There’s been a lot of that kind of chatter lately about the decline of debate, at the high school and college level, into a combination of “meta” argumentation (debate about the rules of debate, rather than about the topic) and the abandonment of structured argument entirely in favor of “personal testimony” (see here for a good example of such chatter). I understand the laments – but I also understand the other side, inasmuch as I remember what debate was like in my day. Our vaunted technical rules were not designed to persuade, nor were they designed to force us to learn about the topic; rather, they honed our skills where we were already strongest, and were designed to make it easier to shift the ground from the official topic to what we would rather talk about – which was usually global thermonuclear war.
Don’t get me wrong: I learned an enormous amount from researching, and an enormous amount from practicing the art of argument. If I were running a program, as Richard did, I would tilt strongly in the direction of traditional practice, and against newfangled approaches that scant the development of those vital skills. But if I, as a debater, had ever lost to someone who, instead of arguing back, recited a poem, or testified about her personal experience, and had complained to Richard about the loss, I know what he would have said. The judge is always right. If I couldn’t convince the judge that my argument was more deserving than my opponent’s poem, then I had failed. And I deserved to lose. Because here’s the thing: out there in the real world, people will employ all sorts of rhetorical strategies to win, and you need to be prepared for all of them, not just the ones you enjoy the most or think are the most intellectually rewarding.
My debt to Richard is not only intellectual. His impact on my emotional development was more complex, but I recognize a substantial debt of gratitude there as well. Like many people who spend their lives among adolescents, Richard had a bit of the arrested adolescent about him. His emotions were all out on the table. When he was depressed – and he could get deeply depressed – he would stare at us across the desk and ask, in all sincerity, “I want to die; why won’t you people let me die?” And he cared more about our lives than, frankly, an adult ought to do – he lived through us. But he did care, and we – at least I – really appreciated knowing that.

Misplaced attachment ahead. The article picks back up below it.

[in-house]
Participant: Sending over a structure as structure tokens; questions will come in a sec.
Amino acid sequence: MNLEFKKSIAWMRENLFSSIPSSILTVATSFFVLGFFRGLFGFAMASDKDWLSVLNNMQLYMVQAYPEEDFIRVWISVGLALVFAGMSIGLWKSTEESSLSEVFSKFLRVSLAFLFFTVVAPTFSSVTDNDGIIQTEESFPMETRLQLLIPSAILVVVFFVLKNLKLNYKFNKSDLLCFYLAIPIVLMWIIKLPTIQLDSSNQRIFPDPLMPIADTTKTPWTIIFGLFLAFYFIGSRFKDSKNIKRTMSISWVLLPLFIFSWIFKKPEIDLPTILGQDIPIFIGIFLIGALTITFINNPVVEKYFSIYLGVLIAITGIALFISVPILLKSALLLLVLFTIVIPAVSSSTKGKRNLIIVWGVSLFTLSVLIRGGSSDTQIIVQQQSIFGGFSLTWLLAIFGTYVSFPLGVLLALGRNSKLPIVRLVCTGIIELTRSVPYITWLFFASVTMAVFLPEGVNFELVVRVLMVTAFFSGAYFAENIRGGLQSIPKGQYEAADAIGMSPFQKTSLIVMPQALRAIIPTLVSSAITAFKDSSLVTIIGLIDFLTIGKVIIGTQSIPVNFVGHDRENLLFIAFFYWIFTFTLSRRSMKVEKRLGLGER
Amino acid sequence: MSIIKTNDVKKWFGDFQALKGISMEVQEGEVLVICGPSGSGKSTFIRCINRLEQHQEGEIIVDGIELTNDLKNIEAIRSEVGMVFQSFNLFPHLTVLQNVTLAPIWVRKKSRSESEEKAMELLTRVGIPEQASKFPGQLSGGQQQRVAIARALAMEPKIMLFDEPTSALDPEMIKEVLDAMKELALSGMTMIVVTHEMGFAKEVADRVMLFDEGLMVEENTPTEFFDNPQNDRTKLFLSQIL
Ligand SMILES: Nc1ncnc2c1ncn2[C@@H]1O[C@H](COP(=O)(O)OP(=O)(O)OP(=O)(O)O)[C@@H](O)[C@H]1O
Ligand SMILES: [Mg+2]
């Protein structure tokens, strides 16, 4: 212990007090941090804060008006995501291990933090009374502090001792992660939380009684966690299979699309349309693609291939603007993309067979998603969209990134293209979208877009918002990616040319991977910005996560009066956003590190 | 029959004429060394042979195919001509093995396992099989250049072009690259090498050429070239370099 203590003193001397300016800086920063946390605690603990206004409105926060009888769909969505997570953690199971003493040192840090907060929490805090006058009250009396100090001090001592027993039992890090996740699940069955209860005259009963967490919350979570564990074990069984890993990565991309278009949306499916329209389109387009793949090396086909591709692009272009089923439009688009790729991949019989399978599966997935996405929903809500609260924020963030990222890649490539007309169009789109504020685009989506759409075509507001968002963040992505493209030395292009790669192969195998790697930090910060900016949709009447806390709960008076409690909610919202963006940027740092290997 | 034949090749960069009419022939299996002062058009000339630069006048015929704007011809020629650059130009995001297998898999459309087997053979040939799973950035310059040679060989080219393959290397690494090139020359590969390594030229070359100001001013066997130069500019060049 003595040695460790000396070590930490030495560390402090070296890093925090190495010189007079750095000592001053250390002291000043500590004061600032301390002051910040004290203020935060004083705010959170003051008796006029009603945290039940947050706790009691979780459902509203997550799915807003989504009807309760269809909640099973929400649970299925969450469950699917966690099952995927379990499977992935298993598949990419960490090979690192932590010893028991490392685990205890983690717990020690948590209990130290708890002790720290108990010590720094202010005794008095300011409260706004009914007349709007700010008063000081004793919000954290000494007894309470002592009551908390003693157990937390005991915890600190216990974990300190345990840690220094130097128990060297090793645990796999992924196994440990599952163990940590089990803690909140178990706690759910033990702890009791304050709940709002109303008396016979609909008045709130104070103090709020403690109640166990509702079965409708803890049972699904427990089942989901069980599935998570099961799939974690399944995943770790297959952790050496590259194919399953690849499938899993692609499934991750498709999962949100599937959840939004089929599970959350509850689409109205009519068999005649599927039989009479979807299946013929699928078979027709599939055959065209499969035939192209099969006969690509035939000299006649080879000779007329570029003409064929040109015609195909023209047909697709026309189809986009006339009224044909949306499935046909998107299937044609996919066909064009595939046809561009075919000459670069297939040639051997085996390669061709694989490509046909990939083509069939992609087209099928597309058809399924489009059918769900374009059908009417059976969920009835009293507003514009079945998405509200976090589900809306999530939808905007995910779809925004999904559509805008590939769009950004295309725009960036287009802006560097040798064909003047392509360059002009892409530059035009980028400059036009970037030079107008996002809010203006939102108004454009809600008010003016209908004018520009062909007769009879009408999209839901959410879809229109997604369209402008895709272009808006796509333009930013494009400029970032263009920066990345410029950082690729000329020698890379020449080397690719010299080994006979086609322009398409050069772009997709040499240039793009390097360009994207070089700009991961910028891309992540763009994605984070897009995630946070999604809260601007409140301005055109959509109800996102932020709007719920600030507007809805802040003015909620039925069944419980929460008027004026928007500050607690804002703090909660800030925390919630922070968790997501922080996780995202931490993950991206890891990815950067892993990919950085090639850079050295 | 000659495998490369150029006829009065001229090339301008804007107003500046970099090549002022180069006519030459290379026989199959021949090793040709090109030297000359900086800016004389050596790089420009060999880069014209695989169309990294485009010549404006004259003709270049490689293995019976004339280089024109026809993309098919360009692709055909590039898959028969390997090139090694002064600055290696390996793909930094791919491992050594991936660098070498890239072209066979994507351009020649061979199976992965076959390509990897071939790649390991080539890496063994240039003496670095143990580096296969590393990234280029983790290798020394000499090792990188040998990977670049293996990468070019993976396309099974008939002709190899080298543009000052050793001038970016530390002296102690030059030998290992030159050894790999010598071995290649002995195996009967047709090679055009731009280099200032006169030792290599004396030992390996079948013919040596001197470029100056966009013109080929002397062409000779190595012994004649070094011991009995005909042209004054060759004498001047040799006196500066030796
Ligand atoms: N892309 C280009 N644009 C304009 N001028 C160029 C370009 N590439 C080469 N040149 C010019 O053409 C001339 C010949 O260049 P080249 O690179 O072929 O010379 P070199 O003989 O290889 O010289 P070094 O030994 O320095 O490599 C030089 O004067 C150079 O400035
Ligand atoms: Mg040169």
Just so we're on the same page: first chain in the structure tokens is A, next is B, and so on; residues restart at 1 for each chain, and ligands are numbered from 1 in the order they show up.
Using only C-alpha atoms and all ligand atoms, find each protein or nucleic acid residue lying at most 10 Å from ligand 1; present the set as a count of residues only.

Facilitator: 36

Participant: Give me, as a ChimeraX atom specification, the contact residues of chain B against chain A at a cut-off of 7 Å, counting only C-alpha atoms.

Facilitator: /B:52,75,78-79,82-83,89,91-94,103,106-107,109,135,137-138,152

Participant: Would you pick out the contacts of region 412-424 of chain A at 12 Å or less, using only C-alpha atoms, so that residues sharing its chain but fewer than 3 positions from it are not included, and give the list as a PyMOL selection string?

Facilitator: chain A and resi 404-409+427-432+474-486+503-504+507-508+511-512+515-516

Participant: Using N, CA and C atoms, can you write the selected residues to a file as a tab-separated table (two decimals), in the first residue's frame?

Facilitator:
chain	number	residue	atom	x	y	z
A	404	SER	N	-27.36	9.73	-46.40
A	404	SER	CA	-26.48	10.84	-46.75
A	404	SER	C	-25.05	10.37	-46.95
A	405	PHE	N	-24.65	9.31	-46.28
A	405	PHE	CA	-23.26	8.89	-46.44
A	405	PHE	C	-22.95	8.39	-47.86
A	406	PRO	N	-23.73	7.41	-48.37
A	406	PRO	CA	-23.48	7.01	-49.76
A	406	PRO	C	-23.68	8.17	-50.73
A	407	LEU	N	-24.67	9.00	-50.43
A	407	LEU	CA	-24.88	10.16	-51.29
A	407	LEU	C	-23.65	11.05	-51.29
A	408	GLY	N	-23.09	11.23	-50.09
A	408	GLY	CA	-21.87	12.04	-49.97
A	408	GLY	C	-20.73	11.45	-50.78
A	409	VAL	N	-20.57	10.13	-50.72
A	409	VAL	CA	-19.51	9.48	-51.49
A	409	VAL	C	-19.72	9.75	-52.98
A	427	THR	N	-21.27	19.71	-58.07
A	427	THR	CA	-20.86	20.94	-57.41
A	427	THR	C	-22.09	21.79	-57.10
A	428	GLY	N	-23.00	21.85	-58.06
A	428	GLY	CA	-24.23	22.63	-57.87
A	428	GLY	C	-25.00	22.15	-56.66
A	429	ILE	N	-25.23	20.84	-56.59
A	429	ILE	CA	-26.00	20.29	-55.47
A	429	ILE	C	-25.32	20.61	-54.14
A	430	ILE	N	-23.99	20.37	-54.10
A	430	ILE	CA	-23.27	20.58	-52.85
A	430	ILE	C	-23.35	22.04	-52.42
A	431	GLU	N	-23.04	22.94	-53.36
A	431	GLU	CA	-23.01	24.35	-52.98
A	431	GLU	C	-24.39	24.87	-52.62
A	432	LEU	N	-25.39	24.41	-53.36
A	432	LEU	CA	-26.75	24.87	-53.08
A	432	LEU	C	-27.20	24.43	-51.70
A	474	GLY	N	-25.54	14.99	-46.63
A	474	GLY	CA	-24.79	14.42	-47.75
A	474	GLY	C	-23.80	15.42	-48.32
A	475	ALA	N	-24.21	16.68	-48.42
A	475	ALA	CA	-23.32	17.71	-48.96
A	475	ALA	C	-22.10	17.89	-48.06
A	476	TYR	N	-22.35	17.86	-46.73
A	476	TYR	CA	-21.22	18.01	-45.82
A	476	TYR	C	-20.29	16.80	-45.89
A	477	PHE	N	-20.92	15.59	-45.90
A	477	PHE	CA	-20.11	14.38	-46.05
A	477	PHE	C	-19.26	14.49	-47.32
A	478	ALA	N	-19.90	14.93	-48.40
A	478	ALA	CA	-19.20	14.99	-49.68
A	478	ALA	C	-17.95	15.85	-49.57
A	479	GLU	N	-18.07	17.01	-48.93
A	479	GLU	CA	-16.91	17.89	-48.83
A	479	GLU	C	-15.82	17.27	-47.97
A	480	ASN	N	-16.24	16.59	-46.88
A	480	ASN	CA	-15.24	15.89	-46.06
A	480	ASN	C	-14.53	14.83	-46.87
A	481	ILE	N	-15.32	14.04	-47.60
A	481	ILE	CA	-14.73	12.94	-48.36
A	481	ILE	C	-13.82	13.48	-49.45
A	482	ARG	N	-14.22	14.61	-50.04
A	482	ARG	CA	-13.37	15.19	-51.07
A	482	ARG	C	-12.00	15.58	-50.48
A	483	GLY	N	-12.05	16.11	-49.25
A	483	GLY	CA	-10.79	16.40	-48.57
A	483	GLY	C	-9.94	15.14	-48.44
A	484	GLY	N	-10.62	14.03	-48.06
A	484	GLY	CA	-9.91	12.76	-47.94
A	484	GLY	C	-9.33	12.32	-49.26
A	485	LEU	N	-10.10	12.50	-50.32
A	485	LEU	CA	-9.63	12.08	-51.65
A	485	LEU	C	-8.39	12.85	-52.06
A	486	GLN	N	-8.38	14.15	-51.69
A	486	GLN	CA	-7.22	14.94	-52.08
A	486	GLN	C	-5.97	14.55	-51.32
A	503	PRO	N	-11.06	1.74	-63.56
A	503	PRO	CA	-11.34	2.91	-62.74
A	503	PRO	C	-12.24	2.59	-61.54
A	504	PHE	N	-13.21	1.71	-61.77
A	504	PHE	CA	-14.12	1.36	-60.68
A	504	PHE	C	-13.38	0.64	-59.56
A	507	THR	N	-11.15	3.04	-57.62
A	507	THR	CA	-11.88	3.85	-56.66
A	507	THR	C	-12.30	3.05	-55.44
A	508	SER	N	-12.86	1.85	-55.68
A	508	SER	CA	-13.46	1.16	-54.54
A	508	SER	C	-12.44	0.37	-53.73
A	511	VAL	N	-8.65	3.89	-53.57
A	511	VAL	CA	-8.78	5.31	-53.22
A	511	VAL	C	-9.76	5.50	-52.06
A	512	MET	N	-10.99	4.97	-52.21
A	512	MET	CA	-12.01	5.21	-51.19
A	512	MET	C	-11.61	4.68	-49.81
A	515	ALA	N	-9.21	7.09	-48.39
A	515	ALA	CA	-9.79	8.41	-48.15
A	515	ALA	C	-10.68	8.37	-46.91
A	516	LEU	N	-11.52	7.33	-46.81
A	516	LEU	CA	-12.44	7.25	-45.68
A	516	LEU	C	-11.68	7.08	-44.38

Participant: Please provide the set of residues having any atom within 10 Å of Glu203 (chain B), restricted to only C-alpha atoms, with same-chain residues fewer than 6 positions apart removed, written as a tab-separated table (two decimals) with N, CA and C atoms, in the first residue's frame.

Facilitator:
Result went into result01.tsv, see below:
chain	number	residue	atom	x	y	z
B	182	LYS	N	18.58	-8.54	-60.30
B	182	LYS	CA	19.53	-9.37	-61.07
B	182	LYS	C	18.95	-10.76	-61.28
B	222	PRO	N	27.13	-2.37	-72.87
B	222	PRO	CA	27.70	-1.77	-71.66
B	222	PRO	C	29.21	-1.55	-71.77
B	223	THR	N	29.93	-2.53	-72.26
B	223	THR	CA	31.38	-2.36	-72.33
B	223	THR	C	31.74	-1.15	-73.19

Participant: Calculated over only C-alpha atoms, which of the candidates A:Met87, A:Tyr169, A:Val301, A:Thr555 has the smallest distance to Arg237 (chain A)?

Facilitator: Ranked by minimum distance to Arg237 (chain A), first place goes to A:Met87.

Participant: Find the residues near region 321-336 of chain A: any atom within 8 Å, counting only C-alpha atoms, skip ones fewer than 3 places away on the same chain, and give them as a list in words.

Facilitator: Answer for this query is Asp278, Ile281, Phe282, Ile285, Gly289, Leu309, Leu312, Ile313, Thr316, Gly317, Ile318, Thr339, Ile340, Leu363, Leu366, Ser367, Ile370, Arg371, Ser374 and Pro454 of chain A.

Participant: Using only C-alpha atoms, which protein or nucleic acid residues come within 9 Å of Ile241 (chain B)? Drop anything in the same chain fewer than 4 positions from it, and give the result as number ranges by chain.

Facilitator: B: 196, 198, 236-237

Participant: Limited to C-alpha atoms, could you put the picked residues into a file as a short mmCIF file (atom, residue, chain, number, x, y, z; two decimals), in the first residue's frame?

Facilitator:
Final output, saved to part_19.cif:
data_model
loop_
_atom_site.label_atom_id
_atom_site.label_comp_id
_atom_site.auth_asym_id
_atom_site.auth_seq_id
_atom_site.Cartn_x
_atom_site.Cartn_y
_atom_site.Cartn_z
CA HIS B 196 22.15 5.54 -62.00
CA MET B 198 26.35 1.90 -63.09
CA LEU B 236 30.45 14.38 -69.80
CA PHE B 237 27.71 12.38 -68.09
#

I was a pretty hormone-addled teenager, far too embarrassed by that fact to actually talk about it, and far too addled not to have to do something about it. As the James Spader character put it in the movie, “sex, lies and videotape,” “Well, at that time, uh… I… I used to express my feelings nonverbally, and often scared people that were close to me.” I got mocked by Richard for my . . . nonverbal expressions of feeling often enough, in the way that I got mocked by my peers. But I also got accepted, in the way that I got accepted by my peers. And that meant a great deal, at the time. Teenagers go through all kinds of emotional dramas, some ridiculous and some deadly serious. He rode through the rapids with us; for some of us, he’s a major reason we made it safely ashore. I can think of any number of other students, bright kids who were failing out of school, who were struggling with abusive parents, or who had attempted suicide, who found in him a deep well of empathy under that monumental edifice of erudition. But empathy never meant being a willing accomplice to folly. When I think of some other coaches I know who implicated themselves in their students’ vices, even acting as their procurers, I appreciate all the more how different Richard was, how seriously he took his responsibilities, as a teacher, mentor, and true friend to his students.
That empathy, that caring, took its own toll, sometimes, because teenagers are capable of extraordinary feats of ingratitude. I remember coming to the debate room once and finding a chair had been thrown through the window of the closet. What had happened? I asked another student. Oh, so-and-so failed his final, so Mr. Sodikow threw a chair. I knew the situation: Richard had been tutoring this kid, practically dragging him bodily over the line to pass this class, to no avail. Did he throw the chair at the student in rage, or in an empty classroom in frustration? I assume the latter – the student in question showed no signs of fear or hurt. But even so, it tells you something about how badly we could hurt him, and how ill-equipped he was to absorb that hurt. Kind of like us.
Richard mellowed quite a bit in retirement. He enjoyed his status as a living legend on the debate circuit. But though he was forced to slow down, he never actually rested. That’s part of why it’s so hard to think of him at permanent rest now. If you want to get a sense of the man, the power of his voice and his impish sense of humor, even in his frail latter years, take a look at this speech he gave at Emory University, a bit over a year ago.
For years after his retirement, he continued to keep tabs on us, his former students, far better than we, or at least I, kept tabs on him. That failure of mine is something I will regret until I follow him where he has gone.
May his memory be for a blessing.